110 W. New York Ave.
DeLand, FL 32720
Braz Cause helps women fight breast cancer
posted Aug 16, 2013 - 4:40:59pm
In July, Shawn-Marie Batchelder celebrated a special 10-year anniversary, marking a decade since the awful day in 2003 when she was diagnosed with an aggressive form of breast cancer. Doctors told her she wouldn't live for more than five years.
Not only did Batchelder survive, but the Deltona woman has turned her experience into a way to help other women beat breast cancer.
Working with former Florida Hospital-Fish Memorial Foundation Director Diana Fish and friend and fellow cancer survivor Susan Bauerle, Batchelder hatched the idea of a fund-raiser that would help women afford mammograms.
Inspired by an email from Batchelder's sister, Charlene Lamb, that had a picture of a funny bra, the women conceived of an art auction whose works of art would be created from brassieres or otherwise meaningful to women. They formed a nonprofit called Braz Cauz, which has helped provide free and low-cost mammograms to more than 1,000 women.
Now it's time to get the creative juices flowing, as Braz Cauz 2013 is fast approaching.
Funky Trunk Treasures in Downtown DeLand partnering with the nonprofit to create the Braz Cauz Treasure Chest. Artists, or those with an artistic imagination, are invited to drop off works of art with a bra theme at Funky Trunk, 100 N. Woodland Blvd., through Sept. 25.
The artwork will be auctioned Thursday, Oct. 24, with proceeds benefiting Braz Cauz.
The artwork can be in any form, including paintings, mixed media, sculptures, glass, metal, fabric, floral, wrought iron, wood, photography, and many more. Local businesses are even encouraged to submit artwork to help promote their businesses. A law firm has already approached Cline about designing a "scales of justice" bra.
Artwork must be accompanied by an entry form, which can be downloaded at www.brazcauz.net.
Funky Trunk owner Kimberly Cline said she loves the purpose of Braz Cauz, and wanted to bring the experience, whose events have typically been in Southwest Volusia, into focus in the DeLand area.
Cline met Batchelder when she served on the board of the Florida Hospital-Fish Memorial Foundation. The hospital hosted several events for Braz Cauz.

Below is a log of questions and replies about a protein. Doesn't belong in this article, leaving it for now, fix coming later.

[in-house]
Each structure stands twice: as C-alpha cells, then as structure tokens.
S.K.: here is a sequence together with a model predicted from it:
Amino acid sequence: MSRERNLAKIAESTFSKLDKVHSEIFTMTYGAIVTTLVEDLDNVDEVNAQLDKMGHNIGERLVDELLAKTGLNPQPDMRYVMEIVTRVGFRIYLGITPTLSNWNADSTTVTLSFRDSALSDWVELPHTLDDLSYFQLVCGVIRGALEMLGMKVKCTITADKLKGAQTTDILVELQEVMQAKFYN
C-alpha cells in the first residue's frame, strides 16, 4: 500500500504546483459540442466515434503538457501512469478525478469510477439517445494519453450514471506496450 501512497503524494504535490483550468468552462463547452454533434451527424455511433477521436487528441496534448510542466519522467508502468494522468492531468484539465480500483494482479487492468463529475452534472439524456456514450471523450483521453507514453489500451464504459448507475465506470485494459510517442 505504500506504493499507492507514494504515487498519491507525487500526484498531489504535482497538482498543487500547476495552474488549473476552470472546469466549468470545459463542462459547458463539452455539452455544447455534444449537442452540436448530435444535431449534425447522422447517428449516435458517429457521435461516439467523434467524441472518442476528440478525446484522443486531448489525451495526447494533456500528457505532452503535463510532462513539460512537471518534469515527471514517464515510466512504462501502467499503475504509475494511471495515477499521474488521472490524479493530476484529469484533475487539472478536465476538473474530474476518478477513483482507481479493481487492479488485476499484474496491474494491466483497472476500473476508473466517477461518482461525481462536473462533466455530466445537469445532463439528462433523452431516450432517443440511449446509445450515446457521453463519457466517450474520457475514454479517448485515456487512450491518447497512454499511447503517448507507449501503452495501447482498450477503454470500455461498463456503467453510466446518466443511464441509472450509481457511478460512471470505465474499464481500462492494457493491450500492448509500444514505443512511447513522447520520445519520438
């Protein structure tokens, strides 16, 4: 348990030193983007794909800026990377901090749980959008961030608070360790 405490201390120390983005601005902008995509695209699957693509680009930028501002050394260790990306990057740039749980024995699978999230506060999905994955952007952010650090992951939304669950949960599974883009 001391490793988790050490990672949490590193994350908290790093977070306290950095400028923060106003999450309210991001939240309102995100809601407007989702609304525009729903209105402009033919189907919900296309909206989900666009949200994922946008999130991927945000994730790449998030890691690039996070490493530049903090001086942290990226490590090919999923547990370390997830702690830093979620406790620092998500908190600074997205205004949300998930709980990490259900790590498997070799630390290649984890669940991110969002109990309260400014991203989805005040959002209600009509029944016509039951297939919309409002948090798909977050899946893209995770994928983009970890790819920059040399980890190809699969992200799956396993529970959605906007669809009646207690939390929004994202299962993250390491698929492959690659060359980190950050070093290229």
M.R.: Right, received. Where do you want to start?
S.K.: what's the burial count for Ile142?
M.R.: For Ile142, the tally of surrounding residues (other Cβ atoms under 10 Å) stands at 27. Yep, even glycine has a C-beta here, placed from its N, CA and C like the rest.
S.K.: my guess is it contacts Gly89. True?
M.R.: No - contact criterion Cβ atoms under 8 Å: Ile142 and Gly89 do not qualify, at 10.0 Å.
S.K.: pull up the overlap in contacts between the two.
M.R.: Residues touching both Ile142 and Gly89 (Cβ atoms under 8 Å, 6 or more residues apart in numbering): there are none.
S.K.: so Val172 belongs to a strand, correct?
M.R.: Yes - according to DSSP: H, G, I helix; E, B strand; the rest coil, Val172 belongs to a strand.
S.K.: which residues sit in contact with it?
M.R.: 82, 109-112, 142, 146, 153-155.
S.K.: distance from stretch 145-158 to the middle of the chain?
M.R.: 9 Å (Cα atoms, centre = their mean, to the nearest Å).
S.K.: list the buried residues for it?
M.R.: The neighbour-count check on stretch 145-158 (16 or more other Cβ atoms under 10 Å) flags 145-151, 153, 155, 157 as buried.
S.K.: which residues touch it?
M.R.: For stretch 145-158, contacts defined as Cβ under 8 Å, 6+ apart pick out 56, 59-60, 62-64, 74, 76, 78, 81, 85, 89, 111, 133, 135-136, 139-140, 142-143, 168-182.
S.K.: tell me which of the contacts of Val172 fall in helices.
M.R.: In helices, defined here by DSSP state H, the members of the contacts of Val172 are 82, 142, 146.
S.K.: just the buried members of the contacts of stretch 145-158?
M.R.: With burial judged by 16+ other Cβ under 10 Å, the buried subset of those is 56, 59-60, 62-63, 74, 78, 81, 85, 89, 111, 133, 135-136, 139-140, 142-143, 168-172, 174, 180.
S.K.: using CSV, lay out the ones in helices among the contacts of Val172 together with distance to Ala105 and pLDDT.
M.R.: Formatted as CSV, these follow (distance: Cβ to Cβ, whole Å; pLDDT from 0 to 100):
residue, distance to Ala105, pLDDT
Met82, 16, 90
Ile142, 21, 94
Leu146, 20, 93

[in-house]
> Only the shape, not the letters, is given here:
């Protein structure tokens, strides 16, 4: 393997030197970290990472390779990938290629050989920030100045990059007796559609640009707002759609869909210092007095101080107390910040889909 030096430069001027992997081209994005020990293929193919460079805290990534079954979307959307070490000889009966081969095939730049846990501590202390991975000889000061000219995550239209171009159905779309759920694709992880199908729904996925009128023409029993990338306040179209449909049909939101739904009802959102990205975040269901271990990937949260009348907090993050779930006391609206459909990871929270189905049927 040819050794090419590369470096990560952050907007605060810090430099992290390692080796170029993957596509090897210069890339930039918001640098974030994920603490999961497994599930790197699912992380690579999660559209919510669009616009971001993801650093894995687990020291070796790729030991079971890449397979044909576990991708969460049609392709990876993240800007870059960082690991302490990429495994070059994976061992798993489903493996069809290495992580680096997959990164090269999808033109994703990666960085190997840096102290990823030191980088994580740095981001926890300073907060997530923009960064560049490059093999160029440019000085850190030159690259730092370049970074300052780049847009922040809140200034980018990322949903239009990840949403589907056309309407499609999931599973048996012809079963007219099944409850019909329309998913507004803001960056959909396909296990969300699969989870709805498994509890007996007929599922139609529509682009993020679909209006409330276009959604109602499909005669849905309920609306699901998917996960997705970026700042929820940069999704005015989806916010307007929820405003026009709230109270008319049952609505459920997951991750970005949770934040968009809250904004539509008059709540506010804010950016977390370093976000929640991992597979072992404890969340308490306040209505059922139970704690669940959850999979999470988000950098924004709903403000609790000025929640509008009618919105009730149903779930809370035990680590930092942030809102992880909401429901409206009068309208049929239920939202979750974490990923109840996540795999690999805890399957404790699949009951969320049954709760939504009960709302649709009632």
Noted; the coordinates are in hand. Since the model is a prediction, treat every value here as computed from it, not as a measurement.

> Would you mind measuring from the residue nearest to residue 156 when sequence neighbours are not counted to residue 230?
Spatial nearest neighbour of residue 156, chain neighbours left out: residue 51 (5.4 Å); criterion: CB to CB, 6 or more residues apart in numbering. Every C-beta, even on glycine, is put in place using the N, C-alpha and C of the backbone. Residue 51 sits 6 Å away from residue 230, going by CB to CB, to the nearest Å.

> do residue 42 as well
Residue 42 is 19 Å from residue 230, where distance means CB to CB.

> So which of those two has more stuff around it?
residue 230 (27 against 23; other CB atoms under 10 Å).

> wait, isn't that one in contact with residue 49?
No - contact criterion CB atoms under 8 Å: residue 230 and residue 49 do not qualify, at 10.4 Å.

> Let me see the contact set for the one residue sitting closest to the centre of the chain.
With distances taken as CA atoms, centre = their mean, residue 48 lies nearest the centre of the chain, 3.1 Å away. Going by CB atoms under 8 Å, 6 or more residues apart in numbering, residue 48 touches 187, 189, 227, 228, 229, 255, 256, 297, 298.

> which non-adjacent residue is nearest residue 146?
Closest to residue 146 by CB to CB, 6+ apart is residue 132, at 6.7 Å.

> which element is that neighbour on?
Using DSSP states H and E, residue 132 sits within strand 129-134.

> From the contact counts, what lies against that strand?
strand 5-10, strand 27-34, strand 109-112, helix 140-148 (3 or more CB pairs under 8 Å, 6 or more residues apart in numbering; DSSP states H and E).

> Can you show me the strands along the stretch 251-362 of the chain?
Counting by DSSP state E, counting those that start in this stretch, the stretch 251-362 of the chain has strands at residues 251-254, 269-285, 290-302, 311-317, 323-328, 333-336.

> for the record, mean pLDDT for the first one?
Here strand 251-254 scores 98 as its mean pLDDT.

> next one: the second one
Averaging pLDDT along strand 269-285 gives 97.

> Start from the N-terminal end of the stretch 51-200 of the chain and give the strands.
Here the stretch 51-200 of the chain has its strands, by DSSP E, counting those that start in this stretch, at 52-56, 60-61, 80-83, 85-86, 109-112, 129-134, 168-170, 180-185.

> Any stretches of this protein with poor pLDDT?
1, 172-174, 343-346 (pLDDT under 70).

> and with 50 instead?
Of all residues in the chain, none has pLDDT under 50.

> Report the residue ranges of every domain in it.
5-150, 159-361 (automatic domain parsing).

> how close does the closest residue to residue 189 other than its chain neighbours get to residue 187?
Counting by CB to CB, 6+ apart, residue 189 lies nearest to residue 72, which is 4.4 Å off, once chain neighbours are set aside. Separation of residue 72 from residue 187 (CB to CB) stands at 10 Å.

Cline said women fighting cancer are amazing people. She designed a bra in honor of her mother-in-law, who died from breast cancer, for the first Braz Cauz event in 2010, which raised $10,000.
"Their stories are so inspiring," Cline said. "Cancer doesn't have to be a death sentence."
It wasn't for Batchelder. First diagnosed at the age of 36, she went through a lumpectomy in 2003 and a double mastectomy in 2009. Her experience taught her the importance of mammograms, which can detect breast cancer in its early stages and improve a woman's chance of survival.
Normally, mammograms cost about $500, Batchelder said. But, during Braz Cauz events, such as Breast Cancer Month in October, the hospital has offered the exams for only $99. Eligible women can get them for free.
Because of privacy issues, Braz Cauz never knows the outcome of the mammograms, but Batchelder knows one person whose life was changed because of Braz Cauz and the mammogram it provided for her.
"I'm very happy to know that we've saved at least one person's life," Batchelder said.
Batchelder said one in eight women are susceptible to breast cancer, and she urged women to get mammograms early, especially if they have a family history of the disease. She also said mammograms don't hurt, they only squeeze a little and put pressure on your breast.
Batchelder hopes Braz Cauz can continue to grow and receive more funding so it can offer other services to women diagnosed with breast cancer. She would love to be able to provide women with wigs and prostheses, and help pay for medication that health insurance won't cover.
She also wants to provide information. Batchelder said, for example, that many women don't know that if a doctor prescribes a mastectomy bra, insurance will likely pay for it.
Braz Cauz needs the continued help and support of the community to reach its goals.
Local artists, art students, businesses, nonprofit organizations and community members, men and women, are invited to enter art and support the cause.
Breast cancer is something that touches so many lives, Cline said. The women who are fighting it are mothers, grandmothers, daughters, sisters and aunts.
"Breast cancer isn't just in October," Batchelder said. "It doesn't go away in October. It's amazing how the community, from DeBary to DeLand gets that. They're always wearing their inner pink ribbons."
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